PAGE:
Transition from 40 to 60 percent from June 2007 until January 2009 Transition from 60 to 70 percent from May 2019

• Chart 2 “Asset allocation in the benchmark index” shows the actual asset class benchmark weight in the index. For the period from 31 March 2011 to 31 December 2016, investments in unlisted real estate have been included in the index based on their net asset value.

• Chart 3 “Equity share in the benchmark index and the investable market” shows the relative investable market capitalisation weight of the underlying equity and fixed-income indices, compared with the actual equity weight of the fund’s benchmark index.

The equity index

• All return calculations start on 1 February 1998.

• The regional weights are based on strategic weights in the periods from 1 January 1998 to 31 December 2002 and 31 July 2006 to 31 May 2012. Between and after these periods, the actual regional weights/country factors have been used.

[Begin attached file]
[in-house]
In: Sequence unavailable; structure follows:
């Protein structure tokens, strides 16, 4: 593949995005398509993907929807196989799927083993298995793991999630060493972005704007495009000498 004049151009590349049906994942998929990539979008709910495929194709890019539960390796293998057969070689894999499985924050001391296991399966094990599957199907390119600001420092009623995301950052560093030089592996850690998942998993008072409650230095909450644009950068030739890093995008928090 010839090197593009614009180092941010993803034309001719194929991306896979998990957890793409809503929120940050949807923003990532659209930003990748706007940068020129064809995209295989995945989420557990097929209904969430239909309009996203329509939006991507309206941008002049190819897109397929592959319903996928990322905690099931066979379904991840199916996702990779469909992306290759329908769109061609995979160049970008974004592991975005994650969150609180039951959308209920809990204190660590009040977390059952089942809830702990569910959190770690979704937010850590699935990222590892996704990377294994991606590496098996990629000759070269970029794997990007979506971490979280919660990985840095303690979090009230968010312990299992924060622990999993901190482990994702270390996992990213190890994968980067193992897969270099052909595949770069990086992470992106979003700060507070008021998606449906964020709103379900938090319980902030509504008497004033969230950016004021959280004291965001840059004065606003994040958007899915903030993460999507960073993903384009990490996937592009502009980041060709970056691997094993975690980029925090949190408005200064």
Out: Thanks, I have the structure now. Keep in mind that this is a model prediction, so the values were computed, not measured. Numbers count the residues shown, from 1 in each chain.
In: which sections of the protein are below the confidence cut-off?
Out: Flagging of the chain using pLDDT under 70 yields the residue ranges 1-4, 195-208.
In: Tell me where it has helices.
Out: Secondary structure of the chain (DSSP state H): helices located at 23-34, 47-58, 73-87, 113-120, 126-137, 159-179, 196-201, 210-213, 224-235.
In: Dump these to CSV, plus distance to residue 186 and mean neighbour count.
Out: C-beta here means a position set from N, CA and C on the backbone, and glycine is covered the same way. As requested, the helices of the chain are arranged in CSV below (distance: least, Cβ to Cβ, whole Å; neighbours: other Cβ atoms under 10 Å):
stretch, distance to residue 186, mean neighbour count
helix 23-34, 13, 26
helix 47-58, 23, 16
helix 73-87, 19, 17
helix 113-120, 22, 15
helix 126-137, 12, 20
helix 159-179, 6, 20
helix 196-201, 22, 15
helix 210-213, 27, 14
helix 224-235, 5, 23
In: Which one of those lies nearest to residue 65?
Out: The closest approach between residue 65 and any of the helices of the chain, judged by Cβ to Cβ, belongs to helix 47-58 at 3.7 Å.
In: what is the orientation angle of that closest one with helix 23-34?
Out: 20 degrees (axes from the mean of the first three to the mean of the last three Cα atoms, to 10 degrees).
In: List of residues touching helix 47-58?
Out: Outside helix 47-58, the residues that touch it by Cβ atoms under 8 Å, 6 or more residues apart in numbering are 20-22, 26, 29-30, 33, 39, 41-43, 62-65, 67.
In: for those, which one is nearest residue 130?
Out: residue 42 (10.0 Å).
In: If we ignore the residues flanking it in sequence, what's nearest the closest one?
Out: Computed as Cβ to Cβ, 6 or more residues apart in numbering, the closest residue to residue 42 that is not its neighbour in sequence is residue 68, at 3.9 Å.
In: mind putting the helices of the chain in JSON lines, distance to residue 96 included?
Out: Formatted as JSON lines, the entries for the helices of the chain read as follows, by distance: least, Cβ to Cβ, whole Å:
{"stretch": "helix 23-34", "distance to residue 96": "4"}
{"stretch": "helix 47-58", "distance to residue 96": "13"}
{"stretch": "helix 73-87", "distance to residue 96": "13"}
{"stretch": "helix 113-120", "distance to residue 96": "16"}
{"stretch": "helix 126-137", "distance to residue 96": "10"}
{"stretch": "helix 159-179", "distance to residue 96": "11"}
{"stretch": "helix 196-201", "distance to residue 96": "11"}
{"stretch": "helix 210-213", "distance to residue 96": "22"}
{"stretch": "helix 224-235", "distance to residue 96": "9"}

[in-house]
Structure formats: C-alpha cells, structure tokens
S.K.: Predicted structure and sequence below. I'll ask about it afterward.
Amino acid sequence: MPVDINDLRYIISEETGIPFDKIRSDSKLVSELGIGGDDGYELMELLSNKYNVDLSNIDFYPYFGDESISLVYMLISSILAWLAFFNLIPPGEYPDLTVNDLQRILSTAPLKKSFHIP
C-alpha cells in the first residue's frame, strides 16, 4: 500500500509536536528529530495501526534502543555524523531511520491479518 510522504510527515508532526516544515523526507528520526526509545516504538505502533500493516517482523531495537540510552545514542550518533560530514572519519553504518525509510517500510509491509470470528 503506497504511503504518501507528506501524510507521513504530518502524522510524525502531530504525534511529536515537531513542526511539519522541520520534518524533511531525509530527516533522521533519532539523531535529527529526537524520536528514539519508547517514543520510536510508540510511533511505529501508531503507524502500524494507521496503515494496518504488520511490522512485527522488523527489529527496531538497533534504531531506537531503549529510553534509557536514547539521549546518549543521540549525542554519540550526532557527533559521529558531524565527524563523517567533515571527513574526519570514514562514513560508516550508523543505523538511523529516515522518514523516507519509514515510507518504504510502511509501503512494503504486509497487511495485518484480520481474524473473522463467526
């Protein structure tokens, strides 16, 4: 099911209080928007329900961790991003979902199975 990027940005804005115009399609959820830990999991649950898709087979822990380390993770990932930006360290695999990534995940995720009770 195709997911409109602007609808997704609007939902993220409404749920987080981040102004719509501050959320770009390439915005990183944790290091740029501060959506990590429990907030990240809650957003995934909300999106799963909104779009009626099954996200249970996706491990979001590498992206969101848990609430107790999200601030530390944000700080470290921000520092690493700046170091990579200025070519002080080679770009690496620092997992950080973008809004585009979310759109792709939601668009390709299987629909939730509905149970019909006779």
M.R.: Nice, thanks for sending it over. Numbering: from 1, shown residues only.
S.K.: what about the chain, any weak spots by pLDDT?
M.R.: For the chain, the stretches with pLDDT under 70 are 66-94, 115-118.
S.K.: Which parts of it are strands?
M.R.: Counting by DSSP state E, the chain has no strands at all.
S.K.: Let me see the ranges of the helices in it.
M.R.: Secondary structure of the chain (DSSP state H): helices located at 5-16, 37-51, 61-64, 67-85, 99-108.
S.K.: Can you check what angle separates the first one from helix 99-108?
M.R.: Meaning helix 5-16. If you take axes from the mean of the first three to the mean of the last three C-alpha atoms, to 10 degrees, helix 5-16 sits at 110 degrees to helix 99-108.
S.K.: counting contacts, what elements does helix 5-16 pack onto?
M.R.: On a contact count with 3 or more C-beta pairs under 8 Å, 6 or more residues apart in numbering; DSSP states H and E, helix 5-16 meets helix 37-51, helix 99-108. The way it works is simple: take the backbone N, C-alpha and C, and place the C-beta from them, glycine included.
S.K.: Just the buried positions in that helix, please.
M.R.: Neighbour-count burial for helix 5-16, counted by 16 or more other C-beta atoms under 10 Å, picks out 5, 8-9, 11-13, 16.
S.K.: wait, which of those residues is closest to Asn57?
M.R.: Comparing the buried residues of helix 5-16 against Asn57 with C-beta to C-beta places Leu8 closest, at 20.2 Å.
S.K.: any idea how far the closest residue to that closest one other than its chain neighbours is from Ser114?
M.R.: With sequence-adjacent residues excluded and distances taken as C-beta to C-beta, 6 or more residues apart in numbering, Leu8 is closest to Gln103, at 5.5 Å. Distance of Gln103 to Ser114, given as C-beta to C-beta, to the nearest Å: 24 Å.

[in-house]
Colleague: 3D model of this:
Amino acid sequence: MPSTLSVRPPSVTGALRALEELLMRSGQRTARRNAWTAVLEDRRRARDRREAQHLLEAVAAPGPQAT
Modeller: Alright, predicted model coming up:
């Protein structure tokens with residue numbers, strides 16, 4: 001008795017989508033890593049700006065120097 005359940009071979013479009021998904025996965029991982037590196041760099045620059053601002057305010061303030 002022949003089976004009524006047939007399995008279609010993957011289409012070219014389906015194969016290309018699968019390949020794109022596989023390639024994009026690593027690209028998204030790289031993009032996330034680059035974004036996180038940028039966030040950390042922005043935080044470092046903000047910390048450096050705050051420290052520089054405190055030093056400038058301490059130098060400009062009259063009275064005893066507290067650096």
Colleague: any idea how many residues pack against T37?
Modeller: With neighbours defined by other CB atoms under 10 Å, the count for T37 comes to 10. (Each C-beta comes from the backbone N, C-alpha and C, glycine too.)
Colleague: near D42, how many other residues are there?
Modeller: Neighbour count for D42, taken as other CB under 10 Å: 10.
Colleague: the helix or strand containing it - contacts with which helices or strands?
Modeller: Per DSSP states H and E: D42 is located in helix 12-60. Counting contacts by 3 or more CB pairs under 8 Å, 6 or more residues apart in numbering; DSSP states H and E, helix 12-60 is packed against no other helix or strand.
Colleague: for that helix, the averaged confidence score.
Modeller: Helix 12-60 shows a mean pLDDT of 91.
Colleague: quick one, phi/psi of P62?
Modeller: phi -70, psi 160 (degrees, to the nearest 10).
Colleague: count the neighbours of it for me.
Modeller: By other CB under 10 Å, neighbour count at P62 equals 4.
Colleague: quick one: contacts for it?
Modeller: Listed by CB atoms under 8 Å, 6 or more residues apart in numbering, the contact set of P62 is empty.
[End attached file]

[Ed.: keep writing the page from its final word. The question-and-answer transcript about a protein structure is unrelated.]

• Alternative benchmark returns are based on changing only the indicated specification. For instance, when considering a benchmark consisting only of large/mid-cap stocks after 2007, the regional composition has been left unchanged.

• The market classification shown in Charts 15–18 on the inclusion of new markets is based on their classification before entering the index. For instance, the weight of European emerging markets includes Greece even after FTSE Russell reclassified Greece as a developed market.

The fixed-income index

• Return calculations and most comparisons start on 1 January 2002. An exception are Charts 29 and 30 on the return impact of emerging market inclusion, which start on 20 June 2012.